The Bughouse tournament (replacing our usual Fischer-Random Blitz) was quite successful, with 10 teams, but what really surprised me was that several players came long distance — from as far away as Iowa — just to play in it alone, without also playing in the main tournament! From talking to them, it is clear that Bughouse isn’t just for kids; that there are many adults who enjoy the unique and lively challenges of good Bug matches, and it isn’t unusual for them to drive all day to play in relatively small Bug events if they can find some good competition there. The winners were teams from Kansas City and Iowa.
The enthusiasm of such players makes me wonder when someone will take the step of organizing a true stand-alone bughouse national championship (rather than piggybacking such an event onto a major regular tournament). The National Open and the U.S. Amateur East are currently two that are known for having the best Bug side-tournaments. But could a dedicated championship draw enough players — say, 100 teams — to make such an event stand by itself? After talking with these fanatical Bug Addicts, it seems to me it could work if the vision and planning matched the passion of the fans. Imagine a two-day 15-round double-Swiss among 100 or more hardcore teams! That would be a sight to see. (For more on the variant, see the popular CLO interview with bug wizard Kazim Gulamali.)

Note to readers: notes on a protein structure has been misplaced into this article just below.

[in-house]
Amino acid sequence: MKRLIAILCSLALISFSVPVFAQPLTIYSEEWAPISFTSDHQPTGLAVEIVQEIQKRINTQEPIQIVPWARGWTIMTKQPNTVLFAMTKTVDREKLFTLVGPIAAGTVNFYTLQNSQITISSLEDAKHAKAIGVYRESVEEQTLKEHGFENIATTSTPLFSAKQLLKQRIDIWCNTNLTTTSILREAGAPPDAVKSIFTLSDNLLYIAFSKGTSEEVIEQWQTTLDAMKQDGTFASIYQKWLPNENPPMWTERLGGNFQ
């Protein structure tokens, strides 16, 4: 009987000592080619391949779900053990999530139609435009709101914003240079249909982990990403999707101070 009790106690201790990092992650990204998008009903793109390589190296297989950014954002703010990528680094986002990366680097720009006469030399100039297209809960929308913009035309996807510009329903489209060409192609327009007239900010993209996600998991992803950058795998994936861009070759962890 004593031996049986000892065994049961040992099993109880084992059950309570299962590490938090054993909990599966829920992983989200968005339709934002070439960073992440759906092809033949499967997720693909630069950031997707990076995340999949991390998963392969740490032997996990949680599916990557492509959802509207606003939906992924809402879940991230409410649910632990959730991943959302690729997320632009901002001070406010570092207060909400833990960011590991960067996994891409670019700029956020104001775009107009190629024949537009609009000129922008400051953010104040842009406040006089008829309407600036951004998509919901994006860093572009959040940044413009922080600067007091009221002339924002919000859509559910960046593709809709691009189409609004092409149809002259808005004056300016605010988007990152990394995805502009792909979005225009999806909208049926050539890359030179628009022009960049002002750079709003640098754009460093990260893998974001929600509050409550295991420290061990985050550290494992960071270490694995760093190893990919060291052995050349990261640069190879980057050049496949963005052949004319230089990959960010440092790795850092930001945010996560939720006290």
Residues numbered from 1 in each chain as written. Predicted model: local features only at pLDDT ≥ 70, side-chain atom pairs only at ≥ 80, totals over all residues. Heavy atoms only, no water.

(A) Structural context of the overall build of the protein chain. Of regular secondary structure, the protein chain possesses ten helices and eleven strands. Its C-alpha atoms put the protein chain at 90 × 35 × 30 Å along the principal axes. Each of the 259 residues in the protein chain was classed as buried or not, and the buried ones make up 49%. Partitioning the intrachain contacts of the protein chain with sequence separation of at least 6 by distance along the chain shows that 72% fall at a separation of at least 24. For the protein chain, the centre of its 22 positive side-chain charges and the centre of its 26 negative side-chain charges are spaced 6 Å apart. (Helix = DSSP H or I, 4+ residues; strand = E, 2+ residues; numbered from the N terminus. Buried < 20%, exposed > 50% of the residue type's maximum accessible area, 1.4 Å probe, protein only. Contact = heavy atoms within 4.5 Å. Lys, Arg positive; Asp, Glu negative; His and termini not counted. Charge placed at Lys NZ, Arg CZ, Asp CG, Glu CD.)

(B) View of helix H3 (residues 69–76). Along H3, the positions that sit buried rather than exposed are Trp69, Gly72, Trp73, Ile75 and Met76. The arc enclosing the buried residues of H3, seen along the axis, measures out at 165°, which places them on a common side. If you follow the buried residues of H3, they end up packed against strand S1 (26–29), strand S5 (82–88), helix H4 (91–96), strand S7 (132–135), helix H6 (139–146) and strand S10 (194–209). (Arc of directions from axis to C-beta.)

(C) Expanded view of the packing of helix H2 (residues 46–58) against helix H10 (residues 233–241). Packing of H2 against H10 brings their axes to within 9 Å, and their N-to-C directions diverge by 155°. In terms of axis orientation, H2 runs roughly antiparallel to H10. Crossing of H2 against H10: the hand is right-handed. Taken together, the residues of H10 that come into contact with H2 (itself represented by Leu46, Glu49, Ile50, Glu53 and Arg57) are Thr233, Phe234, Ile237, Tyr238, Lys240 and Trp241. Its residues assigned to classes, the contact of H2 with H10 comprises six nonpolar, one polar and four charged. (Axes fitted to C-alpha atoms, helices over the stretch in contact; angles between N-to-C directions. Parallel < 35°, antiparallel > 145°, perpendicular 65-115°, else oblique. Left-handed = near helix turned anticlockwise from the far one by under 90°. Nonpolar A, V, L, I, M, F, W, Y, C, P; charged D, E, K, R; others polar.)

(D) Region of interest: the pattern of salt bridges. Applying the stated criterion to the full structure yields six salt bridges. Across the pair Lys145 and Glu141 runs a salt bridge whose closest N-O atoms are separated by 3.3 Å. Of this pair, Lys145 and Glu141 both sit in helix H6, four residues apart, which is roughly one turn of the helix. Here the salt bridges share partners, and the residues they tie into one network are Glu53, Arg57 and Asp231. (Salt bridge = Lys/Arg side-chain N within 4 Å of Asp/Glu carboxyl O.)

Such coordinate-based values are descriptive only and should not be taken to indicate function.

The Open Section of the Okie Chess Festival was won by expert Anthony Paolercio of Tulsa, with 6/7 points, who bested veteran NM Bill Orton of Arkansas in the key matchup. Kenny Lin was clear 2nd, while Class A prizes went to Dr. Michael Nugent, Chuck Johnson and Terry Wright; and Class B honors fell to 10-year-old Howard Zhong (who won the U.S. Open B-prize last month), and Jeff Colbert.